•Thermal equilibrium and definition of temperature
•Zeroth law of thermodynamics
•Heat, work and internal energy
•First law of thermodynamics
•Isothermal and adiabatic processes
•Second law of thermodynamics −
•Reversible and irreversible processes
•Heat engine and refrigerator
1. The zeroth law of thermodynamics states that ‘two systems in thermal equilibrium with a third system separately are in thermal equilibrium with each other’. The Zeroth Law leads to the concept of temperature.
2. Internal energy of a system is the sum of kinetic energies and potential energies of the molecular constituents of the system. It does not include the over-all kinetic energy of the system. Heat and work are two modes of energy transfer to the system. Heat is the energy transfer arising due to temperature difference between the system and the surroundings. Work is energy transfer brought about by other means, such as moving the piston of a cylinder containing the gas, by raising or lowering some weight connected to it.
3. The first law of thermodynamics is the general law of conservation of energy applied to any system in which energy transfer from or to the surroundings (through heat and work) is taken into account. It states that ∆Q = ∆U + ∆W where ∆Q is the heat supplied to the system, ∆W is the work done by the system and ∆U is the change in internal energy of the system.
4. For an ideal gas, the molar specific heat capacities at constant pressure and volume satisfy the relation Cp – Cv = R where R is the universal gas constant.
5. Equilibrium states of a thermodynamic system are described by state variables. The value of a state variable depends only on the particular state, not on the path used to arrive at that state. Examples of state variables are pressure (P ), volume (V ), temperature (T ), and mass (m ). Heat and work are not state variables. An Equation of State (like the ideal gas equation PV = µ RT ) is a relation connecting different state variables.
6. A quasi-static process is an infinitely slow process such that the system remains in thermal and mechanical equilibrium with the surroundings throughout. In a quasi-static process, the pressure and temperature of the environment can differ from those of the system only infinitesimally.
7. The second law of thermodynamics disallows some processes consistent with the First Law of Thermodynamics. It states Kelvin-Planck statement No process is possible whose sole result is the absorption of heat from a reservoir and complete conversion of the heat into work. Clausius statement No process is possible whose sole result is the transfer of heat from a colder object to a hotter object. Put simply, the Second Law implies that no heat engine can have efficiency η equal to 1 or no refrigerator can have co-efficient of performance α equal to infinity.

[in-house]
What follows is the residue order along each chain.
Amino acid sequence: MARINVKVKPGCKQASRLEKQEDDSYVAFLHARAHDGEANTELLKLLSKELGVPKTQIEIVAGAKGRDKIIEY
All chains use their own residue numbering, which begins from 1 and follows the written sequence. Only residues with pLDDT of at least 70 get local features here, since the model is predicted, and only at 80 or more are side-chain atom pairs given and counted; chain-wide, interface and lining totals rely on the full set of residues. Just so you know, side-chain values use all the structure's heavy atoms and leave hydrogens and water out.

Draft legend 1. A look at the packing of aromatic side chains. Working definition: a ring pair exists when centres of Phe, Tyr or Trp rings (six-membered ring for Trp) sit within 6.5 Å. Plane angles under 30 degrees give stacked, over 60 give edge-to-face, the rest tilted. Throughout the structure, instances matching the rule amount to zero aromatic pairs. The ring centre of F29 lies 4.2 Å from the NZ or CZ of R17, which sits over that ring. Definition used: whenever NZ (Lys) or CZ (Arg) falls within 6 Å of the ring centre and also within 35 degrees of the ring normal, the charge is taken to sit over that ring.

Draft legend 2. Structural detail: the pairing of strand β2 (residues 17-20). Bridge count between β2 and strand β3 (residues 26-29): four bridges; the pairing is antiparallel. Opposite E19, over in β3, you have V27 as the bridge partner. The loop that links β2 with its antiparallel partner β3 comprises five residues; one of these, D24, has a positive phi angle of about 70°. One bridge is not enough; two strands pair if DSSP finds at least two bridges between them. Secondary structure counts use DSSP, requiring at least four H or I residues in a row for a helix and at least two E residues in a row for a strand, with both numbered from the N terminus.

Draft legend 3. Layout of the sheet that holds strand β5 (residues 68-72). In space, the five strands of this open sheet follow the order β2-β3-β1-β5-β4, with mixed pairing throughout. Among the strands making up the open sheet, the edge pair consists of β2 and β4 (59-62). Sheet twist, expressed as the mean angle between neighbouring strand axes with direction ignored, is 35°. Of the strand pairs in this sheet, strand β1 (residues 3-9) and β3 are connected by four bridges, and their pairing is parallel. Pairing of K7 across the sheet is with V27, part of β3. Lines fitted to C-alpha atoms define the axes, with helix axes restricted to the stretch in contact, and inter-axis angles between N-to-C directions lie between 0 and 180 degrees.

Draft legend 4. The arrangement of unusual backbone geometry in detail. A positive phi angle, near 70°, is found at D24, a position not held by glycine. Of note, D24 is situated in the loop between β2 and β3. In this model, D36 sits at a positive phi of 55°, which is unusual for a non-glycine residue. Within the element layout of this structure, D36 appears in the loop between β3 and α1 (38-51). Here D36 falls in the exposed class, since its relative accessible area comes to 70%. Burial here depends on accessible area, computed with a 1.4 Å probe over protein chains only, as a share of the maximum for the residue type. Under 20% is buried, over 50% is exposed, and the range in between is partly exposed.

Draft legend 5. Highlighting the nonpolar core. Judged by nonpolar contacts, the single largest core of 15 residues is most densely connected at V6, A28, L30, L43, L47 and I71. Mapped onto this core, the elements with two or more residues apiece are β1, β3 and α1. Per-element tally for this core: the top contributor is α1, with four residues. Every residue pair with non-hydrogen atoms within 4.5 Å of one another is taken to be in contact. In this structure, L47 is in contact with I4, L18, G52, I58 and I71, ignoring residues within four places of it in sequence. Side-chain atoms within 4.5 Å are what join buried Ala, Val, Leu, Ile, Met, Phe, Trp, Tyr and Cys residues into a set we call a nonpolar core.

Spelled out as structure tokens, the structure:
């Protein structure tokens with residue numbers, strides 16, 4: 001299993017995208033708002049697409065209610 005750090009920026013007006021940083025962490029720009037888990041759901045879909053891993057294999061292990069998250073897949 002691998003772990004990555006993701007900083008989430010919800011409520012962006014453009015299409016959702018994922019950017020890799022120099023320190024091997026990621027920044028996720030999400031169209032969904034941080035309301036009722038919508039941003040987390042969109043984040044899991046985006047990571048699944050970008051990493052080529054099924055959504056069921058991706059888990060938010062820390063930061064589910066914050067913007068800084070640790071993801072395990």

8. A process is reversible if it can be reversed such that both the system and the surroundings return to their original states, with no other change anywhere else in the universe. Spontaneous processes of nature are irreversible. The idealised reversible process is a quasi-static process with no dissipative factors such as friction, viscosity, etc.
9. If Q > 0, heat is added to the system
If Q < 0, heat is removed to the system
If W > 0, Work is done by the system
If W < 0, Work is done on the system
POINTS TO PONDER
1. Temperature of a body is related to its average internal energy, not to the kinetic energy of motion of its centre of mass. A bullet fired from a gun is not at a higher temperature because of its high speed.
2. Equilibrium in thermodynamics refers to the situation when macroscopic variables describing the thermodynamic state of a system do not depend on time. Equilibrium of a system in mechanics means the net external force and torque on the system are zero.
3. In a state of thermodynamic equilibrium, the microscopic constituents of a system are not in equilibrium (in the sense of mechanics).
4. Heat capacity, in general, depends on the process the system goes through when heat is supplied.
5. In isothermal quasi-static processes, heat is absorbed or given out by the system even though at every stage the gas has the same temperature as that of the surrounding reservoir. This is possible because of the infinitesimal difference in temperature between the system and the reservoir.